I sure hope so. Windows 10 has too many negatives.

Does cloudready even belong in this discussion?
I've used it to salvage a few ancient netbooks for poor / computerless.

It's linux-based, so we'll allow it! :wink:

Glad you mentioned it since the thread has been talking about Chromebooks. In the past, I created a cloudready USB stick to try it out and it worked fine, although I never installed it to a hard drive. I did discover, though, why it was recommended one download and create the USB stick on a Windows pc, for I created the USB stick on a Linux pc and I had to rename the downloaded image form the Windows-compatible name to something like iso.img at the end in order to get the stick to boot cloudready's Chromium on the Linux pc. "ArnoldtheBat" (love that name) site has many Chromium images available for making and running Chromium on pcs, though doing so is somewhat more involved than cloudready's process.



Reading Isamorph's makeuseof link I came up on another makeuseof link:


It explains how to put multiple OSs on a USB stick using programs like WinSetupFromUSB, MultiBootUSB, XBoot, or YUMI. Has anyone here done this? Was it as easy as the link says? And can Chromium be one of OSs? The Chromium links say Chromium's install will wipe out the disk where Chromium is installed.

Now that one can get hold of 1 terabyte USB sticks, one can put half the universe on one. Rather than installing multiple OSs on one, installing multiple pc repair tools on one is more to my liking. Having repair tools such as super grub disk (https://www.supergrubdisk.org/), parted magic, etc. would be like having a pc swiss army knife on hand.

I haven't used any of the multiboot USB tools, but I have installed multiple Linux distros on the same hard drive, which, with formatting and partitioning, should be the same on USB hard drives. Not sure about the cloudready Chromium wiping the entire disk when installing, for it seems one could format and partition the disk and install Chromium on just one partition while leaving the rest of the disk space or partitions unused. But it doesn't look as if the cloud-ready Chromium USB creator and installer provides for that option.

Anyway, if you're not familiar with downloading, installing and booting Linux iso images, it can be a bit tricky at first, and whatever you do stay away from your pc hard drive unless you want to install a distro there.

Aah, I read Isamorph's words, "I have installed multiple Linux distros on the same hard drive" - and shuddered.

I shuddered, remembering my frustrating attempts at doing the same a few years ago. I don't know if it was because I was trying to install distros that supported hard drive encryption, but no matter how hard I tried, the grub bootloader of the second distro would refuse to list the first distro - which meant that I couldn't access the first distro I had installed. Tried reversing the order of installation - same frustrating results.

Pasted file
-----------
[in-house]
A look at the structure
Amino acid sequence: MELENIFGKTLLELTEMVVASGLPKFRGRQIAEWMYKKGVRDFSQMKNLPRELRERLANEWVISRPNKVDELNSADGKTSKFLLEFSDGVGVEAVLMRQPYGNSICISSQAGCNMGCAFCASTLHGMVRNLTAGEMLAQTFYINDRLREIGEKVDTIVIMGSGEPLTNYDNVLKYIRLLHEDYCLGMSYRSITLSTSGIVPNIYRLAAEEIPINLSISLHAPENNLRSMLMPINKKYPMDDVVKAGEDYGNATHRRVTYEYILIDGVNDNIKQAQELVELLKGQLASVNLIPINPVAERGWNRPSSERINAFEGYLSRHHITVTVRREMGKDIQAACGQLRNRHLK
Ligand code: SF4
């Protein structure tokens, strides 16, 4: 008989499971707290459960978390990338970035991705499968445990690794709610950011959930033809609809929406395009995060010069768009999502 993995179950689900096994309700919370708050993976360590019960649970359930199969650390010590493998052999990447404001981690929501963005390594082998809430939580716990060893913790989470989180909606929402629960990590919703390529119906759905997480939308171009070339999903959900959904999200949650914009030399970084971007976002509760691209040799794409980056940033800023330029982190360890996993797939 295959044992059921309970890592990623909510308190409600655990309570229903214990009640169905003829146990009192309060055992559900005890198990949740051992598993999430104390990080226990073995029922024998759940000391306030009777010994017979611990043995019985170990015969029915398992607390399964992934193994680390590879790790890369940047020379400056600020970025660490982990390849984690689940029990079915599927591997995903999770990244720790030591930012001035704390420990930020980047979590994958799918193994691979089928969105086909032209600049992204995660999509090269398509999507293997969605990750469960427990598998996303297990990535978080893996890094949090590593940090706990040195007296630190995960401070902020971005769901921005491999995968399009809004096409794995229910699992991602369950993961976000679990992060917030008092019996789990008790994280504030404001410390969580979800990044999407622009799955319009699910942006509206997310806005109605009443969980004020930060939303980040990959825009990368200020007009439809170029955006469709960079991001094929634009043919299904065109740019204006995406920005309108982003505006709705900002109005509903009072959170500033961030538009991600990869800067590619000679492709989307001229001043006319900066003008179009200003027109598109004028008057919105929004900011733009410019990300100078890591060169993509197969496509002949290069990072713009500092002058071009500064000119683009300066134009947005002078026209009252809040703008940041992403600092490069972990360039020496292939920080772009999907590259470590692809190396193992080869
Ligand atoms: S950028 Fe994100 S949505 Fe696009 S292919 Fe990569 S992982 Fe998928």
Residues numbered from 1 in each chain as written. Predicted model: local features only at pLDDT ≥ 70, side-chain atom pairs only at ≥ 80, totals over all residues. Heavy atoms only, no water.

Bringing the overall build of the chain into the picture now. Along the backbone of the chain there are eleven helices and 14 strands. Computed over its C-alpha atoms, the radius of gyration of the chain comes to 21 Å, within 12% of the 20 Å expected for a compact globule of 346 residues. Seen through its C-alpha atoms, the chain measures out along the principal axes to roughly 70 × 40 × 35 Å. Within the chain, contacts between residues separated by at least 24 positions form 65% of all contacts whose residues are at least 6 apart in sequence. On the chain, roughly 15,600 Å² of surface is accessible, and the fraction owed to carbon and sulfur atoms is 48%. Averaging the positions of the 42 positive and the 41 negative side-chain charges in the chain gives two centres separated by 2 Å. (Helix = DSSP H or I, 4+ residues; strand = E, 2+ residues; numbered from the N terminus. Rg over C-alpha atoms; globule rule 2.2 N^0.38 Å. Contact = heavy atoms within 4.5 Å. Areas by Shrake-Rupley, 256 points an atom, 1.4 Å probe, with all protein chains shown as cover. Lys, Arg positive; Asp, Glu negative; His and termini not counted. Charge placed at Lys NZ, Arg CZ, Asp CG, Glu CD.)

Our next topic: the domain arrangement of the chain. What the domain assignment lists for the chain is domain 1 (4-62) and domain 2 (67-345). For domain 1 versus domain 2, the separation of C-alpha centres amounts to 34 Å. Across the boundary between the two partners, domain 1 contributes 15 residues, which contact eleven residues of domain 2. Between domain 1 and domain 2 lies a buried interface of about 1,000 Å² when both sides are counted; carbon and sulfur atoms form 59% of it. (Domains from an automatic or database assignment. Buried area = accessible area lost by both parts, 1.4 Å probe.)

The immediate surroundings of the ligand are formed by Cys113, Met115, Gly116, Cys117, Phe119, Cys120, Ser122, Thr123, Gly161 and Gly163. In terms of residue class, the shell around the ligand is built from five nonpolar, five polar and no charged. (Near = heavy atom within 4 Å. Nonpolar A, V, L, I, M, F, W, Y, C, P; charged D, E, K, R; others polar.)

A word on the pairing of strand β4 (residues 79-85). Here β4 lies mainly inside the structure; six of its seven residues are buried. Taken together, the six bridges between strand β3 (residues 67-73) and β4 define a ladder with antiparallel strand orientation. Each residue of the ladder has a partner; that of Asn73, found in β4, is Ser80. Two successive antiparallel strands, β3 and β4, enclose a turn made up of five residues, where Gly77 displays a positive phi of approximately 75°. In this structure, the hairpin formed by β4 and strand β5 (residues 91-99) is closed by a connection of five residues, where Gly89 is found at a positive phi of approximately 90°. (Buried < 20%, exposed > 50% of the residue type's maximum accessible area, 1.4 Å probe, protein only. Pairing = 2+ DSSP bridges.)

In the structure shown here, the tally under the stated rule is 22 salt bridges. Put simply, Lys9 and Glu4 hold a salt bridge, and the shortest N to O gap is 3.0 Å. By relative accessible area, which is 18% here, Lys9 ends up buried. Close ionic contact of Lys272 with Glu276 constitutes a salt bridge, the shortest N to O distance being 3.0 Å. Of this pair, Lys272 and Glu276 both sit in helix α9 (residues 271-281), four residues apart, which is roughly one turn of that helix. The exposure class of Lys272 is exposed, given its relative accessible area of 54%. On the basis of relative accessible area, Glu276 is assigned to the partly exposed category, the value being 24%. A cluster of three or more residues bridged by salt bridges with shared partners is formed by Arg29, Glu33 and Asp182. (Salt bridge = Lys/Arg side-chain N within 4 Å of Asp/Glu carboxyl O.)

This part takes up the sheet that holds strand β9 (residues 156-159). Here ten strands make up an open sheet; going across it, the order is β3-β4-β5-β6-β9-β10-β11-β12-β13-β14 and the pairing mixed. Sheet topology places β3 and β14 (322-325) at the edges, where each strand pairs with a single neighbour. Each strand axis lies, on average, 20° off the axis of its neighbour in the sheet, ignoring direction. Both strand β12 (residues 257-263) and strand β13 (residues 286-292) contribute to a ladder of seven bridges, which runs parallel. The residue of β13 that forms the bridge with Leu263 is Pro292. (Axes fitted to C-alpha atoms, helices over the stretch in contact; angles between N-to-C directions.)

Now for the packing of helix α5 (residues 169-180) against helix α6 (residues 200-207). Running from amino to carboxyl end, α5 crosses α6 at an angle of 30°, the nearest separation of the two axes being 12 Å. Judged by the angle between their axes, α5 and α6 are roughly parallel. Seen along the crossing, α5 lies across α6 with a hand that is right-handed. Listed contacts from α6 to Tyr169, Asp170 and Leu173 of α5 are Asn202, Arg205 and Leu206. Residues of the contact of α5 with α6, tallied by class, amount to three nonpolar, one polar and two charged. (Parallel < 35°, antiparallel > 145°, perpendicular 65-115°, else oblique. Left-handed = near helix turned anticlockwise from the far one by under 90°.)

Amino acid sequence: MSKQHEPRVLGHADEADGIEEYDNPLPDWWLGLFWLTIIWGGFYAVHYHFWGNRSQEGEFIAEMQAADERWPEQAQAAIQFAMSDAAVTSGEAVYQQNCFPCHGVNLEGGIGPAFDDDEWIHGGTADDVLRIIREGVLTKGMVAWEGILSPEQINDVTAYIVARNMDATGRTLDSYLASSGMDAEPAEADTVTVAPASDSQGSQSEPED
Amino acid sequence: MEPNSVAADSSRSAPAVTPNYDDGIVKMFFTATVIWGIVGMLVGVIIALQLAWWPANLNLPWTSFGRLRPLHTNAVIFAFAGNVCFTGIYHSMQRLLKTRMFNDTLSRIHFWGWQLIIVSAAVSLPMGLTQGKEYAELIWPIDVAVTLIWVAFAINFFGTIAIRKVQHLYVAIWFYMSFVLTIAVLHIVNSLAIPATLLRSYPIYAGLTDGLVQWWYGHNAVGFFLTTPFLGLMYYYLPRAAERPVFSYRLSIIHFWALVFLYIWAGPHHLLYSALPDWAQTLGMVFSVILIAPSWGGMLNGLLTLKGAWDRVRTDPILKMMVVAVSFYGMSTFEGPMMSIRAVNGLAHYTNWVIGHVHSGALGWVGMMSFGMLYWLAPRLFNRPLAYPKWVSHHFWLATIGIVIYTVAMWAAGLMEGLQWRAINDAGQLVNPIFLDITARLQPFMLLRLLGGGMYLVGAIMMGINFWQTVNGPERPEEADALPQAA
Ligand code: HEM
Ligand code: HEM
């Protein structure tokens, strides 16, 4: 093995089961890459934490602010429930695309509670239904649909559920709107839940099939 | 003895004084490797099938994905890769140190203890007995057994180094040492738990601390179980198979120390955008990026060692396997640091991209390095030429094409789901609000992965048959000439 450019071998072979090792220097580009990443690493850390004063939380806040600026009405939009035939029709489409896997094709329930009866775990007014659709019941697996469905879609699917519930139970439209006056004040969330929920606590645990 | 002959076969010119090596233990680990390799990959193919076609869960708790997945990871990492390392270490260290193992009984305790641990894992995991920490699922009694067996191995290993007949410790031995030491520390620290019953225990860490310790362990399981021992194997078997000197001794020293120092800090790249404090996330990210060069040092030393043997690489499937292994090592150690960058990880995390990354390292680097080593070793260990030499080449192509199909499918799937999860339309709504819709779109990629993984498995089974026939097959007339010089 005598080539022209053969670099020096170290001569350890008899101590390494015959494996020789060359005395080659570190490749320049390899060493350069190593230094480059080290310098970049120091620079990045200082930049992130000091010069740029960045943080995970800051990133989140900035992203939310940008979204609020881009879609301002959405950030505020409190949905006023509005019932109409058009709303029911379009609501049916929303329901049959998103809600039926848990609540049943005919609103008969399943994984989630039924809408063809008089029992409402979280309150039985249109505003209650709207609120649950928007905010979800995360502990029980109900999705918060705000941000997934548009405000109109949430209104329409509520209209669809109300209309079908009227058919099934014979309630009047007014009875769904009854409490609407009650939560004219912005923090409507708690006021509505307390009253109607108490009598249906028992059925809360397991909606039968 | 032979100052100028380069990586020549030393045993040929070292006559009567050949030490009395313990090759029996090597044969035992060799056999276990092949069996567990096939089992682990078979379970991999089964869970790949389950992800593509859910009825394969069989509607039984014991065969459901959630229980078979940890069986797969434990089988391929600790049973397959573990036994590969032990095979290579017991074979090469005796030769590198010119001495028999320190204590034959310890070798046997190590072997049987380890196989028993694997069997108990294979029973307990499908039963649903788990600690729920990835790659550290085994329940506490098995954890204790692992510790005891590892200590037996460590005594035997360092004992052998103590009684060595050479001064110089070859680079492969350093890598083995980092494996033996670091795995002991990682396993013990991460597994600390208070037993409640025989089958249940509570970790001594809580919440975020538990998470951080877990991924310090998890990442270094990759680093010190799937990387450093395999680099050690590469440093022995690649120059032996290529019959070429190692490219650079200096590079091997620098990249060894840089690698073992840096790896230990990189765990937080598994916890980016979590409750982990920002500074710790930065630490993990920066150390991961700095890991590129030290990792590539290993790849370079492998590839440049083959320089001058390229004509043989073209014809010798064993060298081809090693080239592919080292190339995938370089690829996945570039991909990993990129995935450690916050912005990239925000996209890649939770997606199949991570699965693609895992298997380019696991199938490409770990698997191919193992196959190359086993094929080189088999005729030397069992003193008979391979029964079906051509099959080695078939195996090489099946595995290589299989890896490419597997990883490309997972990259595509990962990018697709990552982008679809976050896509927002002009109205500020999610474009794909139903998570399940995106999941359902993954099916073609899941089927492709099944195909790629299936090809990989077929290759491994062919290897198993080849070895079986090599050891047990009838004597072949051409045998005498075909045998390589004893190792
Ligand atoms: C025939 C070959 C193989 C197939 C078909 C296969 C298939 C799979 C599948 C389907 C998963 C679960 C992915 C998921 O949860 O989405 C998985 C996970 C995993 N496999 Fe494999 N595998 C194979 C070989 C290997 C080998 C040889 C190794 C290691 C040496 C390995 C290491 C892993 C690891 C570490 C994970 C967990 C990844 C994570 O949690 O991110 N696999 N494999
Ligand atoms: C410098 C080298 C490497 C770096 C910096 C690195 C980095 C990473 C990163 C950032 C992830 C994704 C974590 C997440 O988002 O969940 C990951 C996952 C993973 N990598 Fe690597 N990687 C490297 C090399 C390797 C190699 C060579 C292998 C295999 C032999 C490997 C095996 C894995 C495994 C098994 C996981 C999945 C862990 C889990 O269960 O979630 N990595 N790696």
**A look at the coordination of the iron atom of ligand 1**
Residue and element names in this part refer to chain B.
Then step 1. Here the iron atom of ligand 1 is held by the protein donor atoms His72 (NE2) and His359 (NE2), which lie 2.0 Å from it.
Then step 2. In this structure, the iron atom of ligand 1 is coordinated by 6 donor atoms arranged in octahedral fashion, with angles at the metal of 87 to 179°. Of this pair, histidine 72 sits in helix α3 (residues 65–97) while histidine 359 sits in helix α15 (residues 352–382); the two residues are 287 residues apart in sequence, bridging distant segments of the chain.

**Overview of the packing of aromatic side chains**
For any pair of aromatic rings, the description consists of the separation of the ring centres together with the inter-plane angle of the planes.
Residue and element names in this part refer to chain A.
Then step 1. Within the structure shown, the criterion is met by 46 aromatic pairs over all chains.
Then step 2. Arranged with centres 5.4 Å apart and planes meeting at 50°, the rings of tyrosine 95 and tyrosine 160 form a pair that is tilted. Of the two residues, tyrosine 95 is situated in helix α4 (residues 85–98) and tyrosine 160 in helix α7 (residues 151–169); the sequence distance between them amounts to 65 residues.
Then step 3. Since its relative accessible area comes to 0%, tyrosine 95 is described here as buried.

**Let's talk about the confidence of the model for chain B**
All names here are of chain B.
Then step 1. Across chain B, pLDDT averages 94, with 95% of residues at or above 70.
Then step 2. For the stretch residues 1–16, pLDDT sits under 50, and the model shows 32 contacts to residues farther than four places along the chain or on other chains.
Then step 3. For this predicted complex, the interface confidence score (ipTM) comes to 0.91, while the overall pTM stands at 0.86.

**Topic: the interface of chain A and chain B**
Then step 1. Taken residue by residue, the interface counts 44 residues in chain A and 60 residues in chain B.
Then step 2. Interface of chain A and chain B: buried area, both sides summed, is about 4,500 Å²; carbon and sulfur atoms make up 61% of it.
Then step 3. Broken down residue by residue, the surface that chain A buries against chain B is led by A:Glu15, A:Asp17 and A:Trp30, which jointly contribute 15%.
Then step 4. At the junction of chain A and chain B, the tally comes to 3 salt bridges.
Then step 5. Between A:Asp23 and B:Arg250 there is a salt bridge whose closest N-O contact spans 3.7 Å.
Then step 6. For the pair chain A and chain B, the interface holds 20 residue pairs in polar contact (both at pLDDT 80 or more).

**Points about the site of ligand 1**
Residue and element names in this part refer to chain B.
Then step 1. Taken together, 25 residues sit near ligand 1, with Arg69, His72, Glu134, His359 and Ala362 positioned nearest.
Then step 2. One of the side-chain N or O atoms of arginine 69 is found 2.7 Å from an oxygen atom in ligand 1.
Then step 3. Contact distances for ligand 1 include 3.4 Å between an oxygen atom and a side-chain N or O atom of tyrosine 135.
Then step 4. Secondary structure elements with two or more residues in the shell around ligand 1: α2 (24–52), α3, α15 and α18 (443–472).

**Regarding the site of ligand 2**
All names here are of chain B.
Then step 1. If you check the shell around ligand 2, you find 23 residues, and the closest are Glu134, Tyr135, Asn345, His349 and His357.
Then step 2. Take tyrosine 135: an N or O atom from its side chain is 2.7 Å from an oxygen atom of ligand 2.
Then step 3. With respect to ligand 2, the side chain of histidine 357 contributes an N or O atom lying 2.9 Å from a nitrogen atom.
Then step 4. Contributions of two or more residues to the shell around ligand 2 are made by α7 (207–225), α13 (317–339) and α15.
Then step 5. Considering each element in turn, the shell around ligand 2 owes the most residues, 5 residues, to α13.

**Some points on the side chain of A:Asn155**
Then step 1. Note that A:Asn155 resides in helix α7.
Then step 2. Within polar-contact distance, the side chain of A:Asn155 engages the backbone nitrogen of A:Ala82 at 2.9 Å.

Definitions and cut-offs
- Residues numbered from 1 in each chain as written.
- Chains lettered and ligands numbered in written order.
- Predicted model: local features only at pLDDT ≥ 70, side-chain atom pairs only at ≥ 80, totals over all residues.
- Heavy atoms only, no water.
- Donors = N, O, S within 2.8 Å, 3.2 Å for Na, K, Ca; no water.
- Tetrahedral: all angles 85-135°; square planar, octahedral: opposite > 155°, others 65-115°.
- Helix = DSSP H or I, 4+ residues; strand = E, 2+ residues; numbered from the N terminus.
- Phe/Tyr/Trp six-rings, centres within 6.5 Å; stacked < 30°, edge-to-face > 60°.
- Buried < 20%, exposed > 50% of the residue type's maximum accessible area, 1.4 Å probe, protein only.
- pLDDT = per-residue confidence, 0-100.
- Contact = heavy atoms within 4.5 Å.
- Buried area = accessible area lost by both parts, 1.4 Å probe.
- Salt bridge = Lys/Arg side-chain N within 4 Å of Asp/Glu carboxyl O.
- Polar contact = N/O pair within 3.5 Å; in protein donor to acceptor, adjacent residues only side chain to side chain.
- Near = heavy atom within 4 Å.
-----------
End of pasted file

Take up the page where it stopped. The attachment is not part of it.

That was a few years ago, and I was trying to install them side by side on a Windows PC without overwriting the Windows partition. So like a good Linux fanboy, I am just going to blame Windows for all the frustration I experienced!

That's what I thought too. Select a partition and let it go nuts there!

I see in the pics you point the multi-installer to your various isos. I think I'll try the Chromium iso from Arnold first on a partition of the USB stick and we'll see what happens. Not really sure when I'll try that but I'll try it.


For anyone wanting to be a full-time Linux user, especially with more than a single distro, here are some helpful things to look into=>

This is installed by me into any Linux system that I work on.

More info about that here:

This next is about a tool that has helped me many times & which I keep near to hand as a boot media:

"Super GRUB2 Disk helps you to boot into most any Operating System (OS) even if you cannot boot into it by normal means."

I can imagine how this might happen, but...:

My only way is to use windoze as a guest OS inside a VM - it runs better & faster that way & when it barfs (not if...), simply resetting the VM puts it all back as it was before it barfed.

I have used multiple Linux distros on the same boxes many times, and once in a while they've needed some fiddling to get things right using the tools I've mentioned above - and then all is well.

I installed multiple Linux distros on the same hard drive with Windows "not" on that drive(I keep W10 under lock and key on a separate hard drive). Dual or triple booting with Windows on the same drive has been a constant pita for Linux users, though how problematic it is seems to depend on what device or hardware is used, etc. Windows doesn't play nice with other operating systems alongside and constantly tries to control the bootloader not to mention the entire pc. Google problems dual booting Windows 10 with Linux. That said Windows 7 was much kinder than W10 when it came to dual booting with Linux. Sad to see it buried.

A follow-up question:

I have a laptop with Windows 10 installed on the SSD. I have Puppy Linux installed on a USB3.0 flashdrive and it works great. I also have PrimeOS installed on another USB drive and it works fine in live mode, as well.

I used unetbootin to create each of my live USB drives. Is it possible to combine them onto one USB flashdrive?


Take a look at MultiBootUSB in the link provided by @dst11 in the link he provided earlier in this thread. It might be the easiest way to combine multiple OSs on the same USB stick.

"Adding multiple bootable OS distros is easy, browse under Select image and choose your ISO. Note that while MutiBootUSB runs on Windows and Linux, you can only create Linux Live USB systems."